How to Prepare to Go Global With Cross Border E-Commerce - GeekBlooging


Monday, June 19, 2017

How to Prepare to Go Global With Cross Border E-Commerce


Cross-border e-commerce offers merchants the opportunity to reach far more customers than they would if they only served people from their home nation. In 2014, the cross-border e-commerce market was already worth $233 billion. By 2020, Alibaba anticipates that it will quadruple in value, reaching $994 billion.

Currently, the US, UK, Germany, and China represent the most active cross-border e-commerce channels, accounting for the majority of both sales and purchases. Important trends to pay attention to include:

  • In Germany, online shoppers make most of their cross-border internet purchases from UK-based merchants (43%), with the US (33%) and China (24%) following. German online merchants primarily sell their goods to France, Austria, Italy, Spain, and Scandinavian countries.
  • 71% of UK-based online merchants deliver to other countries. Their main trading partner is the US.
  • In 2010, Chinese online shoppers spent less than $2 billion on cross-border purchases. By 2014, that number had risen to $20 billion.

It’s clear that the market for cross-border online shopping is growing rapidly, and will continue to do so. That said, merchants hoping to expand their reach to other nations must first address certain challenges inherent to the process. Navigating international taxes, tariffs, and other restrictions on selling goods can be difficult to accomplish and represent only one type of impediment to global e-commerce. There is a whole other side to it, which includes localizing brand presence appropriately and effectively in the various nations.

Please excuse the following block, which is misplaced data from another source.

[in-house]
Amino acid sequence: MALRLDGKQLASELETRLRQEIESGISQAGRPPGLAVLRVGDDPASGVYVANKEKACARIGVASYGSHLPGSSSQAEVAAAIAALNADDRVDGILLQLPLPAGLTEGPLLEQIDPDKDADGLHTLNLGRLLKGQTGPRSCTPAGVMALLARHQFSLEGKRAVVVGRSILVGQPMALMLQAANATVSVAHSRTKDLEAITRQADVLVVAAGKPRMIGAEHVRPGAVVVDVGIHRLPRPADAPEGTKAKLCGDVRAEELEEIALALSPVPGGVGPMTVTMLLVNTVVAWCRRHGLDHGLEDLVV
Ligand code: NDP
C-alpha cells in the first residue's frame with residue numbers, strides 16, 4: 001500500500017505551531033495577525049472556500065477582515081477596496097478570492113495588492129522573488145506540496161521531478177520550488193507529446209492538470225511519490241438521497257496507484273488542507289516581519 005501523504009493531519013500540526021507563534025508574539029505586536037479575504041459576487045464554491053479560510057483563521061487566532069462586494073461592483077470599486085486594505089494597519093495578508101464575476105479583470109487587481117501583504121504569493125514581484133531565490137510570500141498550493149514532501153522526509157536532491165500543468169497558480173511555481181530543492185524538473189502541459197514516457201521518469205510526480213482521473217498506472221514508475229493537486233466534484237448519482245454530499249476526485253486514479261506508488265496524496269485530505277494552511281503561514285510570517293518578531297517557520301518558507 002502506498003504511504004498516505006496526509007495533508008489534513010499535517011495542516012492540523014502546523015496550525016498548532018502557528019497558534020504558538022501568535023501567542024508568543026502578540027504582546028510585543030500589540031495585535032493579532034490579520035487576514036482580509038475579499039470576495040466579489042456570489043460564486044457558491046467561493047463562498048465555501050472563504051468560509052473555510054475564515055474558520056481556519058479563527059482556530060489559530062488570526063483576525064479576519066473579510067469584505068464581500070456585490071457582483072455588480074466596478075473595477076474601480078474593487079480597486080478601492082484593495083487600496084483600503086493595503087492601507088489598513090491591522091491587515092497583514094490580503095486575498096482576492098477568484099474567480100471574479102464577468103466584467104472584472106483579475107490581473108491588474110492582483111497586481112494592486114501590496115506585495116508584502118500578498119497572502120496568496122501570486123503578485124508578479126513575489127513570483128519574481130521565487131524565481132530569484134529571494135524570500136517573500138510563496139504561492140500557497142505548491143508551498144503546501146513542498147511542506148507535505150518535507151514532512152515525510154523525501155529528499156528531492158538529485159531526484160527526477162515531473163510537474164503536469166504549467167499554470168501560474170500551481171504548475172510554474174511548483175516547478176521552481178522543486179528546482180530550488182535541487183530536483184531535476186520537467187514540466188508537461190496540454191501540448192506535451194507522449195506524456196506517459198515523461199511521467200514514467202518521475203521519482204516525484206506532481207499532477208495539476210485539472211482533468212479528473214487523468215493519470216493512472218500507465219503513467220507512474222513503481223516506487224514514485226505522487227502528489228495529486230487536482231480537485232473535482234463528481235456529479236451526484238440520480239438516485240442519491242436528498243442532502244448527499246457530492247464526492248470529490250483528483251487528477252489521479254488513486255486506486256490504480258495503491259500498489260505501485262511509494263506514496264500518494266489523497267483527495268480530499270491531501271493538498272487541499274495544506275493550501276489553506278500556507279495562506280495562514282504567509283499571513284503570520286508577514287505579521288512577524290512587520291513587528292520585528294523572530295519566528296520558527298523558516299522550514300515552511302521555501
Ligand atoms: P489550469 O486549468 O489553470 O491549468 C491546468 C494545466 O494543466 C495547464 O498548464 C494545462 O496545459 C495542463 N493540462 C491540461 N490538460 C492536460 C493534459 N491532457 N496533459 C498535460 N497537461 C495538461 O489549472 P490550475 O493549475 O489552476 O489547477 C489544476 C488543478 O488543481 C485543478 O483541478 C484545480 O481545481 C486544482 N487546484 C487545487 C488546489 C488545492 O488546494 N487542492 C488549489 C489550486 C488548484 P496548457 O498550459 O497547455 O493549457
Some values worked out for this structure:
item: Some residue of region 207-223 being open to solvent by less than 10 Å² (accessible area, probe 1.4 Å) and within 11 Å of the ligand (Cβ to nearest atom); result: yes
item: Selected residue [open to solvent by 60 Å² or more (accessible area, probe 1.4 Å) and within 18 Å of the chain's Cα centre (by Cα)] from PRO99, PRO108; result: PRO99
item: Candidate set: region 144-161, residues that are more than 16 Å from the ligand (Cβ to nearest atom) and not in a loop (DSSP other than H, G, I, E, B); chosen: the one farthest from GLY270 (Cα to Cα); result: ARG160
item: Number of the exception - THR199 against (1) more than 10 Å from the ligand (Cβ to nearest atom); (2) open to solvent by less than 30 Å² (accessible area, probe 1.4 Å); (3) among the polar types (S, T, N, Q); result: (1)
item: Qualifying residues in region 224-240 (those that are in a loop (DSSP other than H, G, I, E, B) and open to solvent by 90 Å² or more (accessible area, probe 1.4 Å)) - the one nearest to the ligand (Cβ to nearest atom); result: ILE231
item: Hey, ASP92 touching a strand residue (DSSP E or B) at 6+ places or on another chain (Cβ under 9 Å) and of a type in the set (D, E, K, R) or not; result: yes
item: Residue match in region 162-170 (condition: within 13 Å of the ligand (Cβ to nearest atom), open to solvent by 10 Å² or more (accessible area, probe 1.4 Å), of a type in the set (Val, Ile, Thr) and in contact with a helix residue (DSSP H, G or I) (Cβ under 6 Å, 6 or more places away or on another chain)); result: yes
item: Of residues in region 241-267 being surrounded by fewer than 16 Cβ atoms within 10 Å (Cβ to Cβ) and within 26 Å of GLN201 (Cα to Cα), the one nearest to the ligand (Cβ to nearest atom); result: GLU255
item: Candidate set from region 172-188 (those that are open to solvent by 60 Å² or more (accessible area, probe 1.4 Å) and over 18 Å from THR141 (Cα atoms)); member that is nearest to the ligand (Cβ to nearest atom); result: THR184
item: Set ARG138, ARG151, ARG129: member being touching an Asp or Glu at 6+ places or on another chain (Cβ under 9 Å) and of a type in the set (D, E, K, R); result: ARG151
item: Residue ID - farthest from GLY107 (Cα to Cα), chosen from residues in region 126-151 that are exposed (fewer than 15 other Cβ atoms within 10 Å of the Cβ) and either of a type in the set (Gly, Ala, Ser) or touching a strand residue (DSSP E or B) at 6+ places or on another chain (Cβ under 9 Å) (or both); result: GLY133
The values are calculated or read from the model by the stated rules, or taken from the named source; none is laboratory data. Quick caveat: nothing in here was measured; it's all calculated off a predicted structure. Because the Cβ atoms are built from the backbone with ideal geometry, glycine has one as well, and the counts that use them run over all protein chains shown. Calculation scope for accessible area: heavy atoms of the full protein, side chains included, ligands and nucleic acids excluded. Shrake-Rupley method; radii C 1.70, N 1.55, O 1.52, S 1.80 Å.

Of the businesses surveyed, 31% reported that linguistic and cultural barriers were major deterrents. Business owners generally understand that in order to successfully market a product or service to international customers, they must be able to present that product or service in their customer’s language. They may also have to modify their sales techniques to more effectively speak to different cultures and values. For example, the color scheme, iconography, and layout of your website may resonate with American shoppers, while failing to appeal to customers from another cultural background.

Success in global e-commerce depends on how effective a company’s e-commerce localization strategy is. In order to appeal to a native audience, it depends on more than just literal translation into a different language. Instead, the nuances of the language and culture must also be taken into account, and content adapted appropriately. Once these aspects are grasped, a business is in a much better position to thrive in the global e-commerce marketplace.

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